25 January 2024

The world is still obsessed with ancient Egypt - here's why

| Morgan Kenyon
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depiction of ancient Egypt

Why is everyone still drawn to ancient Egypt despite its culture being studied for centuries? Photo: Netherlands National Museum of Antiquities.

Most of us would have been introduced to ancient Egypt in primary school or even earlier, thanks to its popularity in movies, books and television around the world.

Rugged celebrities returning from pyramid crusades with gold-laden pockets certainly have their place in entertainment. Far from these embellished depictions, however, are the efforts of researchers and Egyptologists who have long poured their hearts into uncovering the real lives – and deaths – of the ancient Egyptians.

One such investigator is Daniel Soliman, curator at the Netherlands’ National Museum of Antiquities (Rijksmuseum van Oudheden). Like many others, he was fascinated by ancient Egypt from a young age.

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Though he grew up in the Netherlands, Daniel travelled back and forth to Egypt to visit family often. He found himself drawn to the remnants of its complex historical beauty, vibrant art and daring feats of architecture every time.

And though it’s a huge question to unpack, Daniel has a few theories on why the world has remained so captivated by ancient Egypt, centuries after the first studies.

“So much discovered archaeology remains in fantastic condition to this day, which makes it easier for us to connect with ancient Egyptian heritage,” he says.

“It’s so tangible. You can experience so many tombs, temples, statues, architecture and art first-hand, so the relationship is different. We feel as if we ‘know’ this civilisation on a deeper level.

“Ancient Egyptian material culture was also quite grandiose by nature, defined by monumental structures, rich materials and vivid colours, which command the eye and make us wonder how, when and by whom they were created.”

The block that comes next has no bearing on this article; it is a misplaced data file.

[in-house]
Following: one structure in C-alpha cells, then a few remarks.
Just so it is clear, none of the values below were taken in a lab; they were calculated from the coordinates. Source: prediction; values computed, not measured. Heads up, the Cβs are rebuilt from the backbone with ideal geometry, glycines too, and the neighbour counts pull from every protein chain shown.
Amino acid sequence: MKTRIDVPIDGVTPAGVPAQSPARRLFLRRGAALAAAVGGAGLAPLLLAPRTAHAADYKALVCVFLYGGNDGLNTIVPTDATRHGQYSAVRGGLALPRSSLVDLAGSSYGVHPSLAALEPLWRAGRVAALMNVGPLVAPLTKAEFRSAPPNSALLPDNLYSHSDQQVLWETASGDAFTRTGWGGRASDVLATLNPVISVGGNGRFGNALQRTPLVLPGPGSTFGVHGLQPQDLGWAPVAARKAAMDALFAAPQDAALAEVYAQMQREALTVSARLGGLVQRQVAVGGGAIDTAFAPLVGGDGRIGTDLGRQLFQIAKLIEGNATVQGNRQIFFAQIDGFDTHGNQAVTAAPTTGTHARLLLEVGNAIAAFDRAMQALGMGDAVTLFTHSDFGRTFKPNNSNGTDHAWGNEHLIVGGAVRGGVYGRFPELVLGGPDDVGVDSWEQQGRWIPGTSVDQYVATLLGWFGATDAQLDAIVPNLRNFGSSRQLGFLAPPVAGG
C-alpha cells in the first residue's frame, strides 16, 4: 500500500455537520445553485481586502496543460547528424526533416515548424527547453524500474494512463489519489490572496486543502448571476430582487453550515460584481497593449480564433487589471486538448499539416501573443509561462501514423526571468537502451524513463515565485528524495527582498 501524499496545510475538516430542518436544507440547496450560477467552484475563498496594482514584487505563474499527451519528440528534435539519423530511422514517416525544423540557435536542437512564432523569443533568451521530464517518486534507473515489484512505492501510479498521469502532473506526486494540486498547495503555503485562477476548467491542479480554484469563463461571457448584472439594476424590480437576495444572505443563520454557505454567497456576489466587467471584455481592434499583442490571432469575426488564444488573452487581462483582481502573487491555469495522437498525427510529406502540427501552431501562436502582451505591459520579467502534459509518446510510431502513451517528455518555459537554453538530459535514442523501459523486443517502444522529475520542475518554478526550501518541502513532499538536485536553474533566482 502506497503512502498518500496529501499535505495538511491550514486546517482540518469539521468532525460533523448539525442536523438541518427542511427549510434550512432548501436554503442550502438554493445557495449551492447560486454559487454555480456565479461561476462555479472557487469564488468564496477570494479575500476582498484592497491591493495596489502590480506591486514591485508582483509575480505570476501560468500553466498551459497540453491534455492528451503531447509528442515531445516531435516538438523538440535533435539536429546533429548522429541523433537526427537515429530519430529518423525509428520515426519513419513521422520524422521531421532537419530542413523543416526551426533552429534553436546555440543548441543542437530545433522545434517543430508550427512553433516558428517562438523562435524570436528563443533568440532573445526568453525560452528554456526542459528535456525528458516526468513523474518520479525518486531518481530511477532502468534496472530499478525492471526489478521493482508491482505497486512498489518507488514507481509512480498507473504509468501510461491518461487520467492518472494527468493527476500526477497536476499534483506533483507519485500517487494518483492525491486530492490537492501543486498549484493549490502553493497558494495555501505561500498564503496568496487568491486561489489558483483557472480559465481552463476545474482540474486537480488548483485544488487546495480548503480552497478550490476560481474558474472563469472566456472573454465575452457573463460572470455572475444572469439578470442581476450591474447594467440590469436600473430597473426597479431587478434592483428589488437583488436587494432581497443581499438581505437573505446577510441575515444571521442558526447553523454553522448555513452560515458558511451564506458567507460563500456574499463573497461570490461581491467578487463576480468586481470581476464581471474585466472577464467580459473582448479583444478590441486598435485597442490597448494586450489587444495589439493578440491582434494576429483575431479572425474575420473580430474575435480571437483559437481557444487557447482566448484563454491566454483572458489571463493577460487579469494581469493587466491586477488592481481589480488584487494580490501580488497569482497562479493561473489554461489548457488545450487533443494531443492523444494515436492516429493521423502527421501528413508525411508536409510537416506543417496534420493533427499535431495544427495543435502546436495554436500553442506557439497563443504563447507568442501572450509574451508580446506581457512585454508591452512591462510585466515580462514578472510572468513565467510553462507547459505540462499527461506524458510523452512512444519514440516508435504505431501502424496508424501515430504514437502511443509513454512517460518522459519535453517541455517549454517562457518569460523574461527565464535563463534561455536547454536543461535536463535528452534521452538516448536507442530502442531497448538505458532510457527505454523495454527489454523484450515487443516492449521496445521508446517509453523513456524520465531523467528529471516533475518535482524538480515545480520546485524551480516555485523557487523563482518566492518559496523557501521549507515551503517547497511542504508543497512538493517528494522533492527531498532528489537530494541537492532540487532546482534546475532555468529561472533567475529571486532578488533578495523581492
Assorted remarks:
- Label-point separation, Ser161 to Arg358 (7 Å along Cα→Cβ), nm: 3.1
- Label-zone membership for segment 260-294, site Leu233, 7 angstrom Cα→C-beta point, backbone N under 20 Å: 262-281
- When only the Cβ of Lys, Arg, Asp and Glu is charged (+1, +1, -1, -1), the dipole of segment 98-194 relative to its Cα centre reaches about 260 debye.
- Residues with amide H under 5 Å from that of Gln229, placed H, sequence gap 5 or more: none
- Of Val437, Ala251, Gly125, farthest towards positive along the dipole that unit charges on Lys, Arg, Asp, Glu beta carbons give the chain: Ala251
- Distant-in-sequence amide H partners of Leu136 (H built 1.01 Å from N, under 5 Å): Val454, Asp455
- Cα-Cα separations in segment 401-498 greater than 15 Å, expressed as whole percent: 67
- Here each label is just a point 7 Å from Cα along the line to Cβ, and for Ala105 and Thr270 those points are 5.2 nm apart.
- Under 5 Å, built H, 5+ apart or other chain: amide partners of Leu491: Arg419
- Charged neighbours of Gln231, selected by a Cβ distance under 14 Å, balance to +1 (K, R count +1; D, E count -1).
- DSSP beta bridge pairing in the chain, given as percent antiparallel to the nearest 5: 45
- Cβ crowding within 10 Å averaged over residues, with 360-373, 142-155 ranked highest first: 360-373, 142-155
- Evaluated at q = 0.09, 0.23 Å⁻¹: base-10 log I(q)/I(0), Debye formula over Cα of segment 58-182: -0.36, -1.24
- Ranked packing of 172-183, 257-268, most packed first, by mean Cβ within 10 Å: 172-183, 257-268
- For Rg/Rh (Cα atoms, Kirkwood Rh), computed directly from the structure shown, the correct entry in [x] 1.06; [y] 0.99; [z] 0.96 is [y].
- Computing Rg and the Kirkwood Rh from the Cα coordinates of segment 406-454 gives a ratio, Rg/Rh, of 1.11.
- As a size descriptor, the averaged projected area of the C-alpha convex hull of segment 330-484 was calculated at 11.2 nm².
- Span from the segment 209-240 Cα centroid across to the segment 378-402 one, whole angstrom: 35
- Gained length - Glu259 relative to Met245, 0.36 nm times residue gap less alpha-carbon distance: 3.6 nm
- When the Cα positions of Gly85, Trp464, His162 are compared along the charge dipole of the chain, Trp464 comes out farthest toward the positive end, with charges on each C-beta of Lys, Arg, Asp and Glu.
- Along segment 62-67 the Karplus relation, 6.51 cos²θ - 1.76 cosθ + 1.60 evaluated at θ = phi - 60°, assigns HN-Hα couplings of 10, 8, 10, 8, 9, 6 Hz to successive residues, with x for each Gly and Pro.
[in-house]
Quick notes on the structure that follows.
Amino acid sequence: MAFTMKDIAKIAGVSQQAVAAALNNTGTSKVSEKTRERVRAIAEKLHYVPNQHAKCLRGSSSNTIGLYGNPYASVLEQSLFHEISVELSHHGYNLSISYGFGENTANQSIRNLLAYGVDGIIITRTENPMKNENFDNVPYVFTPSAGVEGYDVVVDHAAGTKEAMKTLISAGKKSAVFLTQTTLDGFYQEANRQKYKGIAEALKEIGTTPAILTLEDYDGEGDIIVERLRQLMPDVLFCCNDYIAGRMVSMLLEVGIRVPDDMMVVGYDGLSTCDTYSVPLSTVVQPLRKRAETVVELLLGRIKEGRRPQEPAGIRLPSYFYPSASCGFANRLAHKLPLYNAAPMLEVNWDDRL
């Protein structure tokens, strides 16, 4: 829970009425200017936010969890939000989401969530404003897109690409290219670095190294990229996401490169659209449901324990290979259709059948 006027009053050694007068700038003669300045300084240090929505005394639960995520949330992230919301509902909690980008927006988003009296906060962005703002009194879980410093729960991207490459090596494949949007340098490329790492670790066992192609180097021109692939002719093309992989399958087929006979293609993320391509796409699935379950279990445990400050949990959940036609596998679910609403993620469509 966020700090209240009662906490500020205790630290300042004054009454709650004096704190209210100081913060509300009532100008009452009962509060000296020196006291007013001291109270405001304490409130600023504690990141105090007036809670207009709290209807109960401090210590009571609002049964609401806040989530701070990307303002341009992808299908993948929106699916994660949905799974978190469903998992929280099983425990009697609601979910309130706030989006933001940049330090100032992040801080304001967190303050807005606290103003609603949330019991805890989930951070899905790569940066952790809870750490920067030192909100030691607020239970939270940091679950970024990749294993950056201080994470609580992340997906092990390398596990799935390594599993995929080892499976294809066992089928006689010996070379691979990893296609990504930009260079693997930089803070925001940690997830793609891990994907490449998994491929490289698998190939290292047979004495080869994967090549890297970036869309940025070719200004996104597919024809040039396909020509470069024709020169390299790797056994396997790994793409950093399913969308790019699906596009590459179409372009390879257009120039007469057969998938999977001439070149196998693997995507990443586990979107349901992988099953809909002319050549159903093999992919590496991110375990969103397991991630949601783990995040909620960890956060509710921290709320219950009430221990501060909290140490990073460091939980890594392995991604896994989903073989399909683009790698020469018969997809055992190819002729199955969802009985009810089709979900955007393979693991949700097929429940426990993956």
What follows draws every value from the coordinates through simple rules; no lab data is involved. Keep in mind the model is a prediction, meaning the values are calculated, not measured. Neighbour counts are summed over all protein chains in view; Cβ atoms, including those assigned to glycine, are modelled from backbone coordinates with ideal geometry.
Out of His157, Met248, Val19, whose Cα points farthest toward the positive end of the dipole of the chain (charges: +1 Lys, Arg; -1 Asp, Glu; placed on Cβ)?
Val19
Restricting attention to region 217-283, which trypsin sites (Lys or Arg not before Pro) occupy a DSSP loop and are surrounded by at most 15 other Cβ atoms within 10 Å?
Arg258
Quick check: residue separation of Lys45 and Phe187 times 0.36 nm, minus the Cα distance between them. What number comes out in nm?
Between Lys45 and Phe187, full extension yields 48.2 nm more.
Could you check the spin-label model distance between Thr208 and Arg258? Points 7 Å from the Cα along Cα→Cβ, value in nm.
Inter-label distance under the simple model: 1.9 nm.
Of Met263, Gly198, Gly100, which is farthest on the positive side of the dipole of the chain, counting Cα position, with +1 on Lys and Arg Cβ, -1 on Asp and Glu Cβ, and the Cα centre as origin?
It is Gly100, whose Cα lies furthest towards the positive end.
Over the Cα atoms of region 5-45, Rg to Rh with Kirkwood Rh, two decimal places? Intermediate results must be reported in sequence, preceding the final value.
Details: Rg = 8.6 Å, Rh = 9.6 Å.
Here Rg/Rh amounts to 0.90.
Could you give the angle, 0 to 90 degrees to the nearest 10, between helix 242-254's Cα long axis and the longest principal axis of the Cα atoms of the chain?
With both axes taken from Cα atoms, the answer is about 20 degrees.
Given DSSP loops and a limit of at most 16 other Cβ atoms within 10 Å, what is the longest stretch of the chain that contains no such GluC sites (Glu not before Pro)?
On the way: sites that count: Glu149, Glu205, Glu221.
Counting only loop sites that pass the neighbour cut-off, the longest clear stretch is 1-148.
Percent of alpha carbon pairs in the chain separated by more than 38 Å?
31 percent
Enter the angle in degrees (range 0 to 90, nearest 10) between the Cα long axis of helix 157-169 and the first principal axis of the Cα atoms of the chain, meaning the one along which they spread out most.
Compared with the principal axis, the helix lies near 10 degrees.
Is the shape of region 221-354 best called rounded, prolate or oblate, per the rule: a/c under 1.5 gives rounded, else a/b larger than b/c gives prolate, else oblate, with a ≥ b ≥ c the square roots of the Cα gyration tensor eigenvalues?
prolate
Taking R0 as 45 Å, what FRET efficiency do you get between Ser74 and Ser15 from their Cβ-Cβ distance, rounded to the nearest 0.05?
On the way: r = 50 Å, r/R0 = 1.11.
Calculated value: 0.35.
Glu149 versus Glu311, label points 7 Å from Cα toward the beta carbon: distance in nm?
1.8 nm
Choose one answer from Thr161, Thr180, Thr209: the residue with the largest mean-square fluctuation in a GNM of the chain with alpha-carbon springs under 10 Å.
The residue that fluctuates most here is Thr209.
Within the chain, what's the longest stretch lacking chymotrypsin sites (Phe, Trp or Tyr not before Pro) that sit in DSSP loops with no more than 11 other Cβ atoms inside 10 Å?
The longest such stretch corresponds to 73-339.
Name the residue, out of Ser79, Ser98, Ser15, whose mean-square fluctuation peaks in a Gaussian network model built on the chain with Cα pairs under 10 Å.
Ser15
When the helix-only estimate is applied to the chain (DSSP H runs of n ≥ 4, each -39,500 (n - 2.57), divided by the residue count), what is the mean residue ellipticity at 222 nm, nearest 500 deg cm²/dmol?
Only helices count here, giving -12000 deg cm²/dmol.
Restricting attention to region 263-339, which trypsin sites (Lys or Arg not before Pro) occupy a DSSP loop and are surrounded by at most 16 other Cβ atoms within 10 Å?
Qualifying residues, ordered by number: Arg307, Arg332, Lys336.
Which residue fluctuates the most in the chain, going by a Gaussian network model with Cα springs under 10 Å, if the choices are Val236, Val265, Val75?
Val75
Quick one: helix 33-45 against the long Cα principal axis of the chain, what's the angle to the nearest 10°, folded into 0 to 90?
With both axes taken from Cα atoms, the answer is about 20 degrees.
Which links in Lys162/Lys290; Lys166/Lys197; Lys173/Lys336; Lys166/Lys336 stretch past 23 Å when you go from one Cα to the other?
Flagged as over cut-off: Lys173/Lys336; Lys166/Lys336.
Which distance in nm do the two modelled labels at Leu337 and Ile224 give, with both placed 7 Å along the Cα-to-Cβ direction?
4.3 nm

outer Egyptian coffin detail

Historians have had a working understanding of ancient Egyptian written language and hieroglyphics since the early 1800s. Photo: Netherlands National Museum of Antiquities.

Ancient Egypt’s timeline is traditionally split into subsequent dynasties, with chains of rulers who inherited their kingship.

There’s still a fair amount of discourse among researchers about how long ago the culture was ”born”, but it is generally accepted that the first uniting kings, who established borders similar to those of Egypt today, rose to power around 5000 years ago.

Having so much information, enough that it’s practically impossible for one person to fully digest, could overwhelm and deter, but for this culture, it’s had the opposite effect.

“So much of Egypt’s heritage is spread throughout the world through museum collections, school curriculums, media, religious contexts and more,” Daniel says.

“Time and time again, we’ve given into its allure, discovering and learning and telling ourselves stories about ancient Egypt for hundreds of years.

“It’s ingrained in our global collective memory.”

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The Netherlands’ National Museum of Antiquities worked closely with curators at the National Museum of Australia to bring the new Discovering Ancient Egypt exhibition to Canberra in 2023.

“Something special about this exhibition is the chance to learn about ongoing research at our museum, including the technology and methods we use to research, prepare and conserve,” Daniel says.

“We also took the important opportunity to acknowledge the work of medieval Arab scholars and amplify the voices of modern-day Egyptians working in archaeology.

Discovering Ancient Egypt gives visitors a glimpse into the daily lives of people who lived in this powerful, beautiful and fascinating culture thousands of years ago.”

Experience the Discovering Ancient Egypt exhibition at the National Museum of Australia in Canberra. The exhibition runs until 8 September, 2024.

Original Article published by Morgan Kenyon on Riotact.

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